Second, Brown argues that the circuit court's reasonable-doubt instructions were unconstitutional and violated the United States Supreme Court's holding in Cage v. Louisiana, 498 U.S. 39, 111 S.Ct. 328, 112 L.Ed.2d 339 (1990), because, he argues, they allowed the jury to convict on a standard of proof less than reasonable doubt.
The United States Supreme Court in Cage held that the use of the following three terms when defining reasonable doubt lessened the State's burden of proof: actual substantial doubt, moral certainty, and grave uncertainty.
In this case, the circuit court gave the following instruction, in pertinent part, on reasonable doubt:
“I told you that you must be satisfied beyond a reasonable doubt. And that means just what it says. A reasonable doubt is a doubt for which you can give a good, sensible reason. It does not mean a mere possible doubt, an imaginary doubt, or a speculative doubt. And when we say the burden is on the Sate to convince you beyond a reasonable doubt of the guilt of the defendant, that does not mean that the Sate must convince you to a mathematical certainty. That could never be done when you rely on the testimony of other human beings. Reasonable doubt may arise from all of the evidence, a lack of evidence, or from any part of the evidence.”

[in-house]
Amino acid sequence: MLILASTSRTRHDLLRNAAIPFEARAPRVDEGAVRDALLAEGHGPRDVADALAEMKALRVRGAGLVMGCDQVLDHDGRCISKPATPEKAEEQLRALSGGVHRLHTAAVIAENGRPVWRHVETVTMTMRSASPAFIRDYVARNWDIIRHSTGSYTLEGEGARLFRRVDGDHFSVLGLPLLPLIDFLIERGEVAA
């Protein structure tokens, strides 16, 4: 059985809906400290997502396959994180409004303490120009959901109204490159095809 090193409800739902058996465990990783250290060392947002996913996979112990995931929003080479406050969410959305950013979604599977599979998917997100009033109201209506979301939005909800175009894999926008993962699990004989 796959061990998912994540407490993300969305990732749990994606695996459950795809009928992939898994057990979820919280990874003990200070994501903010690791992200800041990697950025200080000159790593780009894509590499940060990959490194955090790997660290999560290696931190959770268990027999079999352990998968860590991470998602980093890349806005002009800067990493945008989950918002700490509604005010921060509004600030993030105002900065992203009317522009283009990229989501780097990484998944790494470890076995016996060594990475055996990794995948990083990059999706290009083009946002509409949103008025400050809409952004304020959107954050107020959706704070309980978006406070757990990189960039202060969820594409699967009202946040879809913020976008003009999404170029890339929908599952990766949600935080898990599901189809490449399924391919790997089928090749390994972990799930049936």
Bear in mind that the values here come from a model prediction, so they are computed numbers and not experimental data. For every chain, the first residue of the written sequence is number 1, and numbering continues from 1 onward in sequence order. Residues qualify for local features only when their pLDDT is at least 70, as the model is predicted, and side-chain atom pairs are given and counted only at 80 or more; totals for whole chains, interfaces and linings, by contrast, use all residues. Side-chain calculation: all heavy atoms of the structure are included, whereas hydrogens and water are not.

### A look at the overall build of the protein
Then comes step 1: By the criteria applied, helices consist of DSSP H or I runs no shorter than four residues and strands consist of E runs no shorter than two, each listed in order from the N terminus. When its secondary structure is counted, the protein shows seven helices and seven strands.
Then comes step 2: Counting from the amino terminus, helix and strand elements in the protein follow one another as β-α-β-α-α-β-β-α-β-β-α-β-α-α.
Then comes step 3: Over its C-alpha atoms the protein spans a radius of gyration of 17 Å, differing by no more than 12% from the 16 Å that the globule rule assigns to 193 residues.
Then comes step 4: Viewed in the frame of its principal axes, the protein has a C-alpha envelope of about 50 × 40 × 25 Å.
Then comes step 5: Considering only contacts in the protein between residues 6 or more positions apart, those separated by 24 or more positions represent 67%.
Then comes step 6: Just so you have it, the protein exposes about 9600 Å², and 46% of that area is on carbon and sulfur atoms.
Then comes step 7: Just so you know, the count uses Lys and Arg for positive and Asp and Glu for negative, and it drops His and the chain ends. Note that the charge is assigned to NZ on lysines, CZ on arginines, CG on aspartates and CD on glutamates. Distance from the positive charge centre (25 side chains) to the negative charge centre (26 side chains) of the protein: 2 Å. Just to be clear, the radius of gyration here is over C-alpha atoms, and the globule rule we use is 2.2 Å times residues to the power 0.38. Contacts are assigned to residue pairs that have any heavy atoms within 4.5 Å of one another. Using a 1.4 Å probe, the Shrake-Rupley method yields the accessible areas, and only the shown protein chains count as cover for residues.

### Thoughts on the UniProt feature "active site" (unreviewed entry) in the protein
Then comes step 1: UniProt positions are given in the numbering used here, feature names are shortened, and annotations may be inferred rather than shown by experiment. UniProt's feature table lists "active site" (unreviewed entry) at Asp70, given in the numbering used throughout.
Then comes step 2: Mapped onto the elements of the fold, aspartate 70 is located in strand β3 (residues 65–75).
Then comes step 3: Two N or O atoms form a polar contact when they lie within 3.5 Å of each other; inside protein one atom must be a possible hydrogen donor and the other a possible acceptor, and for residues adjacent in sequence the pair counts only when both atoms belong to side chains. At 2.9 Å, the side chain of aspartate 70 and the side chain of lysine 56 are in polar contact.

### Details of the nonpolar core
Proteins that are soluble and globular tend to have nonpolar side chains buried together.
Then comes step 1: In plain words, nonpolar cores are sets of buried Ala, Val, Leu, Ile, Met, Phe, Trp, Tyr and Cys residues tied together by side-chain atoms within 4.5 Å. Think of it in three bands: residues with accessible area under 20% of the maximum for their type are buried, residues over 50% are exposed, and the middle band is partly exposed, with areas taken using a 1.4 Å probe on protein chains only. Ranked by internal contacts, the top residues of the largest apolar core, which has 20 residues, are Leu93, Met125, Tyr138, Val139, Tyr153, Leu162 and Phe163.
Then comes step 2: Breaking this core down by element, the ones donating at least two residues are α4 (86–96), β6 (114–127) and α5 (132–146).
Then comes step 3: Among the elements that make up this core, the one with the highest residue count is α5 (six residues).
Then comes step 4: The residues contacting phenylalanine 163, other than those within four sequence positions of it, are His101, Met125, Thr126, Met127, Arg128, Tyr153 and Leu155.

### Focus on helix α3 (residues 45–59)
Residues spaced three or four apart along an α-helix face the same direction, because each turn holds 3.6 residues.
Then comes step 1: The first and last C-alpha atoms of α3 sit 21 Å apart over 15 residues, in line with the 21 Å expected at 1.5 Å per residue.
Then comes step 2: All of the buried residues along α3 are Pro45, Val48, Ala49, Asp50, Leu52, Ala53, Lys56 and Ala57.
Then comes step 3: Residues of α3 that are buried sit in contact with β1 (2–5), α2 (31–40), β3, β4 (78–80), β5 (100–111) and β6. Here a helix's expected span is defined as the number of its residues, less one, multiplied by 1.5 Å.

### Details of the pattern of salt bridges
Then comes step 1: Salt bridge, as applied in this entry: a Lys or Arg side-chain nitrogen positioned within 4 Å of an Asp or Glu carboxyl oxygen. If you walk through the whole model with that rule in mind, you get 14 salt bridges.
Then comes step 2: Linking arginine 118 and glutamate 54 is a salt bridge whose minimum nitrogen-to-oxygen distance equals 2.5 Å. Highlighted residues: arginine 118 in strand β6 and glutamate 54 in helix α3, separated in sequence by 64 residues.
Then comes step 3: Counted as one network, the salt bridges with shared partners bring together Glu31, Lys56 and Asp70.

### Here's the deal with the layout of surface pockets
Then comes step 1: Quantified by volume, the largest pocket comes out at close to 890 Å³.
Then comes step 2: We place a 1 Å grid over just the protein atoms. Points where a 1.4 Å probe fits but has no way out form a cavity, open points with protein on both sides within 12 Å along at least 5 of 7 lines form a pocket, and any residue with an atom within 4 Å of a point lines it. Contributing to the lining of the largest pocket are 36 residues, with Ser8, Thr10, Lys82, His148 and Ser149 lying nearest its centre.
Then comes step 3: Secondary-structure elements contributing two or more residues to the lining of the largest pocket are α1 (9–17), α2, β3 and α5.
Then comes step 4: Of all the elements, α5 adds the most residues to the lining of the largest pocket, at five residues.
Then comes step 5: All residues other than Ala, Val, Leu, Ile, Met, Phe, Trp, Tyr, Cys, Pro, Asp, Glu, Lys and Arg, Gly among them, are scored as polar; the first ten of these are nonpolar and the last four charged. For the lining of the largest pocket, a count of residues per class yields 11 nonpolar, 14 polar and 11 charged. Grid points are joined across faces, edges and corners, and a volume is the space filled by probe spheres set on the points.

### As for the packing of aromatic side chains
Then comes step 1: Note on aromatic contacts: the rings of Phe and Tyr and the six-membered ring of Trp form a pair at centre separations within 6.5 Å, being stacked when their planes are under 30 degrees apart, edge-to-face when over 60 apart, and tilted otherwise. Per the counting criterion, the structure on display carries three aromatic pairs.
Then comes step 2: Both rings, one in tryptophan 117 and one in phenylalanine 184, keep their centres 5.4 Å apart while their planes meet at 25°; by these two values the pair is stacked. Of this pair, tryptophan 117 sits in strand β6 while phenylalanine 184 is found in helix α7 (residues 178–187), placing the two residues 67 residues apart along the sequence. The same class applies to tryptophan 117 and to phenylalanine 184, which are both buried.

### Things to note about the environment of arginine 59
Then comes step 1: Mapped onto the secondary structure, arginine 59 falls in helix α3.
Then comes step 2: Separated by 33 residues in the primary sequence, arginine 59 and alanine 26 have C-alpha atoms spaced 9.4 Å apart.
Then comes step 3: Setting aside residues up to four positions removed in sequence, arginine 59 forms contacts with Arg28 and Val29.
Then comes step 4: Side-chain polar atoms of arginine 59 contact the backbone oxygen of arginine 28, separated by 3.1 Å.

(R. 617-18.) We approved of an almost identical jury instruction on reasonable doubt in Reuther v. City of Leeds, 599 So.2d 1246, 1250 (Ala.Crim.App.1992). The instruction was not misleading or erroneous and did not constitute error, much less plain error.
Third, Brown argues that the circuit court failed to instruct the jury on all the elements of the charges against him. Specifically, he argues in brief:
“The trial court's failure to instruct the jury that the State had to prove that Mr. Brown was armed with a deadly weapon, and that the deadly weapon had to be a knife, allowed the jury to convict Mr. Brown of capital murder even if [it] concluded that the deadly weapon used in this case was not the knife, but that the deadly weapon was the defendant's hands.”
(Brown's brief at pages 65-66.)
During the jury instructions the circuit court read the indictment to the jury. The indictment alleged that the acts were committed while Brown was armed with a knife. The court then instructed the jury that to commit the offense Brown had to have been armed with a deadly weapon. The court then defined a deadly weapon. The court did not fail to instruct the jury on all of the elements of the burglary offense. Therefore, we find no plain error.